In a recent South Carolina court case, it was determined that a certain workers’ compensation claim was not filed within the statute of limitations. Because it was filed late, the claim was denied, leaving the person involved with no compensation for a health condition that she believes was caused by her former employer’s workplace.
This is why our North and South Carolina workers’ compensation attorneys want to remind you that missed deadlines and other procedural errors can ruin a case.
In a previous post on our North Carolina Workers’ Compensation Blog we reported on the dangers of a dusty work environment.
In the denied claim case, the client was an employee for Respondent National Service Industries, a linen company. The client described her workplace environment as poorly ventilated, sticky and hot, with dust and lint in the air.
The client reports being exposed to bleach fumes and not wearing any personal protective equipment (mask). She started to have sinus and breathing issues in 1992. Furthermore, she indicates that she never had sinus or breathing problems in the past. She was diagnosed with a pulmonary and respiratory condition called sarcoidosis in 1995.
Patients with sarcoidosis often experience a dry cough, chest pain, trouble breathing, fever, fatigue, joint pain, headaches, rashes and itchy/watery eyes.
Because the client’s doctor did not know what caused her condition she did not pursue the case any further. Fast forward 10 years to 2005 when the client went for a second opinion. Again her doctor could not confirm that her condition was caused by her work environment, but the exposure to fumes and airborne particles did worsen her condition. The client filed a workers’ compensation claim based on this new information. The claim alleges her working conditions at the linen firm caused the damage to her respiratory system. Remember, she was diagnosed with sarcoidosis back in 1995 but had no idea it was related to her working conditions.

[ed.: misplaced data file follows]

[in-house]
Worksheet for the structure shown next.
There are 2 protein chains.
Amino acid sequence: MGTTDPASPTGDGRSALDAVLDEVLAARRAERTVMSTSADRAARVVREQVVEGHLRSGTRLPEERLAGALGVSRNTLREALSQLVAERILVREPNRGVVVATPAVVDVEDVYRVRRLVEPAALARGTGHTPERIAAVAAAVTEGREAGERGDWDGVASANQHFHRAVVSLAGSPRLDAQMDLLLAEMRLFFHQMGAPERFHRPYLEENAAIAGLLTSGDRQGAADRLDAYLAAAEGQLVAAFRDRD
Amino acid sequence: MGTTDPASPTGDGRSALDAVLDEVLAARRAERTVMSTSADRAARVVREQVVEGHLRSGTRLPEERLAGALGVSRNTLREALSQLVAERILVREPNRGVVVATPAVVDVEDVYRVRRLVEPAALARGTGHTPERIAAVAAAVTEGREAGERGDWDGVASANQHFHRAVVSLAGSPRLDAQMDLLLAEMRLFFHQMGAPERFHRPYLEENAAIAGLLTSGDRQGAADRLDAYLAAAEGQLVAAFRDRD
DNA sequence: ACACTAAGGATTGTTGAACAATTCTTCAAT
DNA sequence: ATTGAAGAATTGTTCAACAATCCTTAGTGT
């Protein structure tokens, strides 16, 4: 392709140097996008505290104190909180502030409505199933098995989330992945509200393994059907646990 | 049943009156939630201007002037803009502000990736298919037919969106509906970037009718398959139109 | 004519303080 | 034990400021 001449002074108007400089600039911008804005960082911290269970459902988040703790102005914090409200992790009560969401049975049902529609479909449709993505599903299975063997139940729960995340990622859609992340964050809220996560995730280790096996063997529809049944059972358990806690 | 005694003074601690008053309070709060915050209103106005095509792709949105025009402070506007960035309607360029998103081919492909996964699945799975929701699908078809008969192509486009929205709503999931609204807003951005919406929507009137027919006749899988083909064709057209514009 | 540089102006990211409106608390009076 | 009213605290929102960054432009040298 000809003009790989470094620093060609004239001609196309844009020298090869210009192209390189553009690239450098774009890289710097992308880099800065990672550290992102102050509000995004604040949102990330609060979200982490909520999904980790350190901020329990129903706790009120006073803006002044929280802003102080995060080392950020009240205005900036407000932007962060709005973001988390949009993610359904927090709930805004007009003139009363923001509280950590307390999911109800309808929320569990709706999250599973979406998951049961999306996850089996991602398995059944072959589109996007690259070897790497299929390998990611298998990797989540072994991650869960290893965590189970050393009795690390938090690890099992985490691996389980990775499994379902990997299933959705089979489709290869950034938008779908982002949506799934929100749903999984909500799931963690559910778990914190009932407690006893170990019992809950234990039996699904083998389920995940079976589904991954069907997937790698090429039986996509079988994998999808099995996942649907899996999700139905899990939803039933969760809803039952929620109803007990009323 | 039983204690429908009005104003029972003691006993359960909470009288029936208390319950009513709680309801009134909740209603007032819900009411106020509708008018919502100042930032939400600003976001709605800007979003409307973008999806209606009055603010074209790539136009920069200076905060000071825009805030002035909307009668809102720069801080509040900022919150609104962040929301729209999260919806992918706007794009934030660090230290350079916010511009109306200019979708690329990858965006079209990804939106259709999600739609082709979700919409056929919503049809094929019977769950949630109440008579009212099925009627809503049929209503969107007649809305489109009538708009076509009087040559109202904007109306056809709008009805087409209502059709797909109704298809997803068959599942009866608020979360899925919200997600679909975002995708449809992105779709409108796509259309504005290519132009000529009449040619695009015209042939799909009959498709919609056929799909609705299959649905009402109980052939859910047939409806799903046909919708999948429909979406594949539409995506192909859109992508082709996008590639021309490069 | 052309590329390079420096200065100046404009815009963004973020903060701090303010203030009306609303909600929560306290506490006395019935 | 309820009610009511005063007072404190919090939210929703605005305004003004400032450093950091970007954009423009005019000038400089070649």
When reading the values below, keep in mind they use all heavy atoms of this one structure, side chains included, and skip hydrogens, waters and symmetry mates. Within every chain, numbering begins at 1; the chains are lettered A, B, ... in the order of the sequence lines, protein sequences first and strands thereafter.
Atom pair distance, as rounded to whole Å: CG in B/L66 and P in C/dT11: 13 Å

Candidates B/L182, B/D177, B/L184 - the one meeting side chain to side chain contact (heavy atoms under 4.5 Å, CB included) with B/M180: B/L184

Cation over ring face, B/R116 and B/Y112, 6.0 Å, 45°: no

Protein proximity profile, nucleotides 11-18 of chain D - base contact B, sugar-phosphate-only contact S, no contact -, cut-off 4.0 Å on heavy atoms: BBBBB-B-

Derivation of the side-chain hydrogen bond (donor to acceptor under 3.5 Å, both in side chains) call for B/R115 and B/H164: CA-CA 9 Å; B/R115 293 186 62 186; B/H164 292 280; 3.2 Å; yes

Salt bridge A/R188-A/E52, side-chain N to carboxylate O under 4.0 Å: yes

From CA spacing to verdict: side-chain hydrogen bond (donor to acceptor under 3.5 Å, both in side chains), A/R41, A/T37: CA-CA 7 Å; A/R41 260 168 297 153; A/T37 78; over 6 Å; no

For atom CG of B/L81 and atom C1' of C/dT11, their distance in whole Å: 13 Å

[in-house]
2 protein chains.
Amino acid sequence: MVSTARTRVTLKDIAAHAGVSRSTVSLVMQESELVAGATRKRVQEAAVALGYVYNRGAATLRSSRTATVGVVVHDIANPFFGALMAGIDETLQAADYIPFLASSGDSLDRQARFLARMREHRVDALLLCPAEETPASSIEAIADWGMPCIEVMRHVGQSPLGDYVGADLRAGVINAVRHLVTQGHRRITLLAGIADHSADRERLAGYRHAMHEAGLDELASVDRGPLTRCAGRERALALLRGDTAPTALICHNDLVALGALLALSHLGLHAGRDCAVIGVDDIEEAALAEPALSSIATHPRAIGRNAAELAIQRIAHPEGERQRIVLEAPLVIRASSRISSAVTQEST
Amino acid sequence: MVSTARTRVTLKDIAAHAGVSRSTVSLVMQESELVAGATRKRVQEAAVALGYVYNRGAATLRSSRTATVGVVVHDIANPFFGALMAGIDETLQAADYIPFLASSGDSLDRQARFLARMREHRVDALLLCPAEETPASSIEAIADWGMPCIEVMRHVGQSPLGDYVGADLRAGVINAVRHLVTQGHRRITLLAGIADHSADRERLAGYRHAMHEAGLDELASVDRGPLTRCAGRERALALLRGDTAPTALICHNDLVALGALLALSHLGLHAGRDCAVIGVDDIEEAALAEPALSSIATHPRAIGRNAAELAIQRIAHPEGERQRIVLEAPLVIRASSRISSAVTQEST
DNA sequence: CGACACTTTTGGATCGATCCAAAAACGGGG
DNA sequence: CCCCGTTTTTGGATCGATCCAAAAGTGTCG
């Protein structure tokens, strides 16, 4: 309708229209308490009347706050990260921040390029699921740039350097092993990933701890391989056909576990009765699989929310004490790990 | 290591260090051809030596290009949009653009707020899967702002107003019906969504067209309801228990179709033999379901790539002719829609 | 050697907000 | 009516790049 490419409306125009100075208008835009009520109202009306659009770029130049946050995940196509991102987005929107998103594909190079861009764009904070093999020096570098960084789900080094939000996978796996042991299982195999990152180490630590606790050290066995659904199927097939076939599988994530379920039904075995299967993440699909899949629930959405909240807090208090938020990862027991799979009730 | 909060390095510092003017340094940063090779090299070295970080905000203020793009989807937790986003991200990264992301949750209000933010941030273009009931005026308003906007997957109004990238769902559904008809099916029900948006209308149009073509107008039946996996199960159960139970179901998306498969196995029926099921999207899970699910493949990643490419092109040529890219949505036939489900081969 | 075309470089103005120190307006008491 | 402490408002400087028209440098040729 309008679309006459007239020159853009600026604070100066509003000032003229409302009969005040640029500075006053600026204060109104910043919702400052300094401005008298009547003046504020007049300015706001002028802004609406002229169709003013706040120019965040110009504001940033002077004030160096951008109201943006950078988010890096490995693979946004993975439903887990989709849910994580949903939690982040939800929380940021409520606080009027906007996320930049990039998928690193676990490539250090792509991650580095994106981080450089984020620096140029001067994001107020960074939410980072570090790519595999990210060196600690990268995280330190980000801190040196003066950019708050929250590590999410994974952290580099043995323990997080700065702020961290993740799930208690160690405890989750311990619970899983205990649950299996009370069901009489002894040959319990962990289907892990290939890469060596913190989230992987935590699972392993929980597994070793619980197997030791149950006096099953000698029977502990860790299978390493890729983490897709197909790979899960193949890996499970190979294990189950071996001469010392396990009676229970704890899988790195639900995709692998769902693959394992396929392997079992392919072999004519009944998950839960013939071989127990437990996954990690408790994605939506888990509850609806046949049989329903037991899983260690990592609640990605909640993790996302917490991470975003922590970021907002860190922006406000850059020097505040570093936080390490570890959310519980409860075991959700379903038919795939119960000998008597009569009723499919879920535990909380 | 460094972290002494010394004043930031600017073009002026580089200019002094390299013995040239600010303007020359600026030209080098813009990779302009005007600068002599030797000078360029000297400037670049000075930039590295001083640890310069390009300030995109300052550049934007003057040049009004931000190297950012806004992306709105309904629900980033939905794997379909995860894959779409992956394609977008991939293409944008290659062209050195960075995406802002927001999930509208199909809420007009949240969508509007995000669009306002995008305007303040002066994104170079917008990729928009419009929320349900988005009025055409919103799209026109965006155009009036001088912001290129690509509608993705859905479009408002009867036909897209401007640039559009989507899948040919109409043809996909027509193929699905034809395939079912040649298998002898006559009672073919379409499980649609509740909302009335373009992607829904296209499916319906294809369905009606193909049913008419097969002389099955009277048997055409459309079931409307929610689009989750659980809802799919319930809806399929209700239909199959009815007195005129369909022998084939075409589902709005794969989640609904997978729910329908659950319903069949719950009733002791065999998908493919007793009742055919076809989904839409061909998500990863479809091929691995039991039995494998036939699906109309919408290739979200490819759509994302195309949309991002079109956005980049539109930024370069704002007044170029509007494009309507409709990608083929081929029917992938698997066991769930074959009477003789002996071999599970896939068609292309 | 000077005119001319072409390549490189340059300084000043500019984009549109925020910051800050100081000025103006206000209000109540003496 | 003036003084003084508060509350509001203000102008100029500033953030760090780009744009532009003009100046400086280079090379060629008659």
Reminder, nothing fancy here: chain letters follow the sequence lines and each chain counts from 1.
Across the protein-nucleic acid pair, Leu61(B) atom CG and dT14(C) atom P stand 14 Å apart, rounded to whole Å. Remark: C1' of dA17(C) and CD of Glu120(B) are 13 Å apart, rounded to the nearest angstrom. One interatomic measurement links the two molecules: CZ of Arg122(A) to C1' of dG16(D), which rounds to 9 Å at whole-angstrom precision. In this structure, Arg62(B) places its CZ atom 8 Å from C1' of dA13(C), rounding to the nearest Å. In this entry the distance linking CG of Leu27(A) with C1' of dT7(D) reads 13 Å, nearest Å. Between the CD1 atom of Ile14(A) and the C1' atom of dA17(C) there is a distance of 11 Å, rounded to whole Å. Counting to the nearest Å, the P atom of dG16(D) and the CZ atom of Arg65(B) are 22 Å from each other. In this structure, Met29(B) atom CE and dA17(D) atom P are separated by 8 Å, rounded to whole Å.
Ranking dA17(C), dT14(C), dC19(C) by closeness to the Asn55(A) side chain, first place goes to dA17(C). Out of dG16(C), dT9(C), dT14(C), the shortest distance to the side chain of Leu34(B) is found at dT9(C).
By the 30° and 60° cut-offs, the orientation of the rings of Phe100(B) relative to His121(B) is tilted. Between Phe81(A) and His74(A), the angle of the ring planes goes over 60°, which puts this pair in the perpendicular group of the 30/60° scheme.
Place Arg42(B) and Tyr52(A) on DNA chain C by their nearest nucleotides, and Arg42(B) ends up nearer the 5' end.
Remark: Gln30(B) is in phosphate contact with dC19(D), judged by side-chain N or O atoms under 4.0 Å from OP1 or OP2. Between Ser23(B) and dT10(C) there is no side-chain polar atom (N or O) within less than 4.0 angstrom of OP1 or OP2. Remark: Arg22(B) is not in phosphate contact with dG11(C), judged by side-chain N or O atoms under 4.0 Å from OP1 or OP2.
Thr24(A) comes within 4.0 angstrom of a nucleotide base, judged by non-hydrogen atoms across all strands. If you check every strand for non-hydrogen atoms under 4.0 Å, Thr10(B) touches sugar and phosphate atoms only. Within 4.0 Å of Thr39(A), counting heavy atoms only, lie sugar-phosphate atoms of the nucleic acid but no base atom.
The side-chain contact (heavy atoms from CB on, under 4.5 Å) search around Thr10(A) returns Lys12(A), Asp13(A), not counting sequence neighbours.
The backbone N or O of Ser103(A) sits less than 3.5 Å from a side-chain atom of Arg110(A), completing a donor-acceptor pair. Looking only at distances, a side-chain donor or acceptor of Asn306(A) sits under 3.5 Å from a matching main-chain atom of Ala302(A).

One commissioner found the client had sustained a compensable injury but the full commission overturned that decision. The full commission found the client’s claim was disqualified by a two-year statute of limitations.
The findings of the full commission determined that the client knew about her poorly ventilated working environment and with some investigating on her part, could have realized she had a claim earlier than her 2005 filing date. An appeal was filed but the Court of Appeals, the circuit court and the Supreme Court all affirmed the full commission’s decision.
The exact cause of sarcoidosis is unknown but possible causes include:
-An acute immune reaction to infection.
-An elevated sensitivity to environmental factors.
Earlier this year, an Occupational Safety and Health Administration press release announced the development of two documents to help both employees and employers understand the use of spirometry testing to prevent and reduce exposures to respiratory dangers in the workplace. This testing would provide early detection of breathing problems or changes to employee’s lung function.
If you or someone you know is suffering from poor air quality in the workplace, or are dealing with a workers’ compensation claim in North or South Carolina, call the workers’ compensation lawyers at Lee Law Offices, P.A. for a free initial consultation. Workplace illnesses and injuries can be life-changing, so protect your family’s financial well-being. Call 1-800-887-1965 to discuss your rights.
More Blog Entries:
North Carolina Employees Coming into Contact with Formaldehyde Can Suffer Long Term Health Effects, North Carolina Workers’ Compensation Lawyers Blog, September 30, 2011.
Spirometry can Detect Respiratory Work Injuries in North Carolina, North Carolina Workers’ Compensation Lawyers Blog, April 9, 2011.